1) Find the first barline on the first stave. Right click it so the context menu appears. In the context menu do: Select > All Similar Elements in Same Stave.
The following steps are then done in the Inspector:
2) In the "Style" field, choose "Dashed barline"
3) In the "Spanned staves" field, enter 2
4) In the "Span from" field, enter 8
5) In the "Span to" field, enter 0
Repeat steps 2 - 5 for all but the last stave.
6) Right click the last stave to open its context menu. Choose "Stave Properties" to open the dialog. Uncheck the "Show barlines" checkbox.
I'm currently using the following method to denote ficta:
1) Find the ficta accidental in score imported from MusicXML. If it's a ficta accidental, then it will be enclosed in parenthesis.
2) Replace the parenthesized accidental with a normal one.
3) Double click the replaced accidental, then drag it up, so it appears above the note to which it applies (above the stave)
As I described in the "What is this group about" post (https://musescore.com/groups/4361571/discuss/4366491) I start with a MusicXML score obtained from the Josquin Research Project.
I then follow these steps:
1) Download the MusicXML score from the Josquin project website.
2) Open the MusicXML score in MuseScore (I'm currently using version 2.1.0)
3) In the Score Properties (Menu: File > Score Proprties), add the link to the Josquin Research Project webpage corresponding to that particular score in the "Source" field.
4) Change the instruments to appropriate vocal instruments (Soprano, Alto, etc.)
5) Add a bracket across all voices of the score.
6) Modify the barlines. Since early music notation does not have barlines it is custom to use dashed barlines between staffs. I describe in detail how that works in a separate post.
7) Add a final bar line at the end of the piece.
8) Modify the accidentals between parenthesis to make them appear to be "ficta".
9) Try to find one or more scores for the piece on IMSLP (http://imslp.org/) that has lyrics. Then, add the lyrics accordingly, and add the link to that IMSLP score to the "source" field in the score properties (as in step #3). This way, both sources are kept together with the musescore score.
10) Add a Vertical Frame way in front of the score. (select the existing frame with the title and so on, then choose Menu: Add > Frames > Insert Vertical Frame). In the new Vertical frame, add the title, composer, and if possible, the lyricist. If applicable, add a subtitle too. Title should be entered as
Josquin des Prez - Mille Regretz (Chanson)
11) Add a Text Frame after the first Vertical frame. Add lyrics as text. Give it a heading using the title in bold.
12) Add a page break so the text frame and first Vertical heading appear at the first page, and the original Vertical frame + rest of the score appear on the next.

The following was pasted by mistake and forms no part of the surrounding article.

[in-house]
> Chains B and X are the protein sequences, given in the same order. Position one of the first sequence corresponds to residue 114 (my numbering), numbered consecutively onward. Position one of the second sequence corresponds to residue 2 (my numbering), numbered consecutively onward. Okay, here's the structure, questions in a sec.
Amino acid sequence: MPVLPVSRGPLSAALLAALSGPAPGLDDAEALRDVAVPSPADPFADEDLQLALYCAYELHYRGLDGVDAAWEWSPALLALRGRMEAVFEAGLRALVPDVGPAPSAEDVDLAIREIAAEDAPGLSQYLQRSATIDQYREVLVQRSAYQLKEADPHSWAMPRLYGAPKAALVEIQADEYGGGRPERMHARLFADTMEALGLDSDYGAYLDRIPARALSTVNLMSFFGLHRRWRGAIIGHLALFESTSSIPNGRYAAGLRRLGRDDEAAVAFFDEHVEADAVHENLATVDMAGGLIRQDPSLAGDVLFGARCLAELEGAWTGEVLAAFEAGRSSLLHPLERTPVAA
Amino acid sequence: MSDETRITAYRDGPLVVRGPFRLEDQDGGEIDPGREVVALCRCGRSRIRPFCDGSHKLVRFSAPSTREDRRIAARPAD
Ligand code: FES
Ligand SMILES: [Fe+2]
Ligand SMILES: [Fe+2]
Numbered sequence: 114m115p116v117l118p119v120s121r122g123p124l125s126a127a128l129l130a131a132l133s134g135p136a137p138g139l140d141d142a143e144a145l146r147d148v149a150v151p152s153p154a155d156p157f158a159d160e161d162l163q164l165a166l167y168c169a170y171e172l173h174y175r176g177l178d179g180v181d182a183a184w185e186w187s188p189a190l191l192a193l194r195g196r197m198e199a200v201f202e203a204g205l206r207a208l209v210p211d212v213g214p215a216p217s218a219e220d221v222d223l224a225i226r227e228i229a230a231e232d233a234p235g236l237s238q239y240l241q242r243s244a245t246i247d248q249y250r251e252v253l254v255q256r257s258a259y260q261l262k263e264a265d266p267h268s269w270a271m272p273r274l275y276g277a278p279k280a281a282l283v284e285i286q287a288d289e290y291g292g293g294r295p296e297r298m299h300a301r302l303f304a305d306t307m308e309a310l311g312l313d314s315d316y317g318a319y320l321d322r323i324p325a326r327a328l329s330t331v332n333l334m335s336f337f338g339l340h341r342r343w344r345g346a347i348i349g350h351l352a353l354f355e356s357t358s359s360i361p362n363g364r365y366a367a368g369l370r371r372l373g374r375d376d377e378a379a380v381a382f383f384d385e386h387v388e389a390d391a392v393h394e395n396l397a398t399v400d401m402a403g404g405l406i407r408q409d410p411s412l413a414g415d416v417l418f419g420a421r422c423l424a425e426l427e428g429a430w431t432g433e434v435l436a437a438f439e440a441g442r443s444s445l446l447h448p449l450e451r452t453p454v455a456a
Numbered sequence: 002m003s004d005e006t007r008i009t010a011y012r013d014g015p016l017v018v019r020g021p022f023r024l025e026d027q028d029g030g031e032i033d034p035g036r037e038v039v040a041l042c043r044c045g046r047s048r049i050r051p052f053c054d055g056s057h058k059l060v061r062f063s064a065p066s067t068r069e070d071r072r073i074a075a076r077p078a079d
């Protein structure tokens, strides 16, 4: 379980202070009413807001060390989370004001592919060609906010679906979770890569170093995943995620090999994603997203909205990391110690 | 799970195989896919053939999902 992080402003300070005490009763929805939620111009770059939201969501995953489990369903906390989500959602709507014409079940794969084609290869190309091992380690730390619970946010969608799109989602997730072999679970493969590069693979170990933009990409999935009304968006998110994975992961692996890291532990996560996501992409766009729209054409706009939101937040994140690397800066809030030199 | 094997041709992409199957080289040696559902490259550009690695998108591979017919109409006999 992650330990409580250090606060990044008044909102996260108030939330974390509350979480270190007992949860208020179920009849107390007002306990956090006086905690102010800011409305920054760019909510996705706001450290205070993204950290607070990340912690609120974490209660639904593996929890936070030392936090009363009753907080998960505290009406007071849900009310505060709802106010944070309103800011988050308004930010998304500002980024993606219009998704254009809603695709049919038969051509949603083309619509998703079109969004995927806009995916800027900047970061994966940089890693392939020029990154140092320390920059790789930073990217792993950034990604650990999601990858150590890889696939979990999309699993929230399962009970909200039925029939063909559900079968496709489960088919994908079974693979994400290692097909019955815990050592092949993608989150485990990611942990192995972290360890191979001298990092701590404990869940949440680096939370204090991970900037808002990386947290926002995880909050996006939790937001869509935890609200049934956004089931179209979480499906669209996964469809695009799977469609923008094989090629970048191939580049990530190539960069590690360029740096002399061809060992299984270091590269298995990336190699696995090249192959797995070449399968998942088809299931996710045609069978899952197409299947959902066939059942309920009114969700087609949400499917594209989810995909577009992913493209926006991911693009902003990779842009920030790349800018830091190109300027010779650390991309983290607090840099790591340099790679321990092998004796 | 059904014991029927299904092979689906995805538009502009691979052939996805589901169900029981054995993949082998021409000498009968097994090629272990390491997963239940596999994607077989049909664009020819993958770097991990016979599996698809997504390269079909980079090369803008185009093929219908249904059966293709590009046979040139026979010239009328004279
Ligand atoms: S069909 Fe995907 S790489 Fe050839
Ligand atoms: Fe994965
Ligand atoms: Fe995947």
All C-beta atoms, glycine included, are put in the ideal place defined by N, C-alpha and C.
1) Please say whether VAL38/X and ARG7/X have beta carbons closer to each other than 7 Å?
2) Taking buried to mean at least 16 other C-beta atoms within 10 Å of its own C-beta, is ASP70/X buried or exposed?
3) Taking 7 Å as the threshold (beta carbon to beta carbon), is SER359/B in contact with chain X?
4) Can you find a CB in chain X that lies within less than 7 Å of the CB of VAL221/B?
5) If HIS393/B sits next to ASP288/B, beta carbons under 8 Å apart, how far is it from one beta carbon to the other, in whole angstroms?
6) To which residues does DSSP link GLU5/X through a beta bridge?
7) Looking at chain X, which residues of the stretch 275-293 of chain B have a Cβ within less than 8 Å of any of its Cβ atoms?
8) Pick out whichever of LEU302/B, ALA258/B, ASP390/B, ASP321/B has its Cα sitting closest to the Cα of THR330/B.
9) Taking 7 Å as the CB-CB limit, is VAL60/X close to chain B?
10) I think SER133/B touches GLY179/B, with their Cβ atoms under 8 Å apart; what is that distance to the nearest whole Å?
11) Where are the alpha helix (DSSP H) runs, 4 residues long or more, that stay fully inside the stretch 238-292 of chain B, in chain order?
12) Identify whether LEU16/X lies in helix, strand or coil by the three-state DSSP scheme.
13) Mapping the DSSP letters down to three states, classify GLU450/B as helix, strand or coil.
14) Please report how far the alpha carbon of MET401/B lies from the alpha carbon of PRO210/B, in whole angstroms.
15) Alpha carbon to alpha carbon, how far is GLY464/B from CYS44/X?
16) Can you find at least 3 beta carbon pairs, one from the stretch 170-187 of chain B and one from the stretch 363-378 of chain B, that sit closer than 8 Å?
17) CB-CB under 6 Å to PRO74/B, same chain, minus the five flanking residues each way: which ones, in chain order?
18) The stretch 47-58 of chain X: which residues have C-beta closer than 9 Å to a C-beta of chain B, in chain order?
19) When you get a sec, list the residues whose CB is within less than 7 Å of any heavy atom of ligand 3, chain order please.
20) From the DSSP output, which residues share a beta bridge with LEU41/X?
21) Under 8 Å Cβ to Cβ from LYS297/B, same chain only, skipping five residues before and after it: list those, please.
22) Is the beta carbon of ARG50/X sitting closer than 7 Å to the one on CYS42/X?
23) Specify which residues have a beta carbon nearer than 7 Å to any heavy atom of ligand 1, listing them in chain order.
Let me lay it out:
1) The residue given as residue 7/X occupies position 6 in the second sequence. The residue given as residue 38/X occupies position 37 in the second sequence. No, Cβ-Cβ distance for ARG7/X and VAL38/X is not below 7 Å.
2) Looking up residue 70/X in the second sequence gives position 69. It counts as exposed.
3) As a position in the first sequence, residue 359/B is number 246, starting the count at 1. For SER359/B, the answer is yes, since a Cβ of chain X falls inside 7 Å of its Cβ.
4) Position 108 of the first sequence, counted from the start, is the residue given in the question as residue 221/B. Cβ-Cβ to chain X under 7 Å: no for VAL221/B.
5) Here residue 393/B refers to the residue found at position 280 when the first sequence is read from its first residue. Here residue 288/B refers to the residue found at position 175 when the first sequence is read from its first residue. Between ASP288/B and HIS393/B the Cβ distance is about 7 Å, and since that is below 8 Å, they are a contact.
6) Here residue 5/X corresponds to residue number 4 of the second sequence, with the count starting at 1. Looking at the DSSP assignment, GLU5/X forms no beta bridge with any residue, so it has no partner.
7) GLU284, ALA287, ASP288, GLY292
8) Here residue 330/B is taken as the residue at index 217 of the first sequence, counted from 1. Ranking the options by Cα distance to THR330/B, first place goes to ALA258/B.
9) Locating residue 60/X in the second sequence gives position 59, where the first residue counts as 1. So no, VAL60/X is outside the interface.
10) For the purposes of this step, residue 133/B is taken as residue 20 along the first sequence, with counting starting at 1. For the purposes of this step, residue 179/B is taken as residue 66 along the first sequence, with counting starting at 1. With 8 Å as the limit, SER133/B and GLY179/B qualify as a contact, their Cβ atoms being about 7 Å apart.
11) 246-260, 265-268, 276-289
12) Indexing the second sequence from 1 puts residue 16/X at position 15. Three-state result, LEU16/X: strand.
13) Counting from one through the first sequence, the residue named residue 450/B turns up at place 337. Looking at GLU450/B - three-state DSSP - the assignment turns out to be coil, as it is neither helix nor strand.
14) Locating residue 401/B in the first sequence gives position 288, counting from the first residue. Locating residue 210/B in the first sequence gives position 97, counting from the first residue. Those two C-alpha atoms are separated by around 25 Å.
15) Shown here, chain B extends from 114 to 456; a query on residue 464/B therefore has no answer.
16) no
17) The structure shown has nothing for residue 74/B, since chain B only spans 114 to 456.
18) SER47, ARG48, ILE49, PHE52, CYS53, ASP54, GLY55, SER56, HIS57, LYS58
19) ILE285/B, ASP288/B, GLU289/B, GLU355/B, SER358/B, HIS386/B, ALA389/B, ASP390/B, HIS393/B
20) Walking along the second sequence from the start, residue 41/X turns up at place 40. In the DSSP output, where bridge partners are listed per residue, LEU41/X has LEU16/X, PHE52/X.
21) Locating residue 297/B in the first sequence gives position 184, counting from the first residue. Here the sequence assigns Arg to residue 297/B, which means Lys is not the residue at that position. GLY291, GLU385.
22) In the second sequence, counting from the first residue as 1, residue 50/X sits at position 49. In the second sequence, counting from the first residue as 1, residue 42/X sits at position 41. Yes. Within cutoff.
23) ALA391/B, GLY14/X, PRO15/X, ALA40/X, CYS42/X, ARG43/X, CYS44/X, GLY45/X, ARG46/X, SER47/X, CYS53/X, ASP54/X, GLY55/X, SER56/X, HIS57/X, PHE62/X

12) Try to find an English translation of the text, and paste it below the original lyrics (along with the translated title, in bold)
13) Below the texts, add an "Ensemble" heading, followed by a list of instruments (voice types) used in the piece, from highest to lowest.
14) Below the "Ensemble" section, add a "Sources" section. Paste all links used to create the score there:
- the link to the MusicXML score at the Josquin Research Project website
- link(s) to the IMSLP score(s)
- link to the English translation
15) Save the file to MuseScore format using the following file name convention:
Josquin des Prez_Mille Regretz.mscz
16) Upload to Musescore.com.
17) Add to Josquin group.
18) Try to look for a Youtube to register it as audiosource. Preferably, one that shows footage of a live performance of a quality ensemble. Synchronize the audiosource and score to create a score animation
I recently bumped into a wonderful project called the "Josquin Research Project" by Stanford University. The project aims to categorize and analyze music from the Franco-Flemish school, and make the music and the analysis accessible.
You can read more about the Josquin project here:
One of the things that the project's website offers is musical scores in MusicXML format. It turns out those resources are in the public domain, and I verified whether I was allowed to redistribute them in MuseScore format. So, here we are.
The Josquin project offeres scores from many composers, but I believe scores by Josquin the Pres are in the majority. Since this is in many ways an iconic composer, I decided to start on those scores, and this group is where I will maintain them.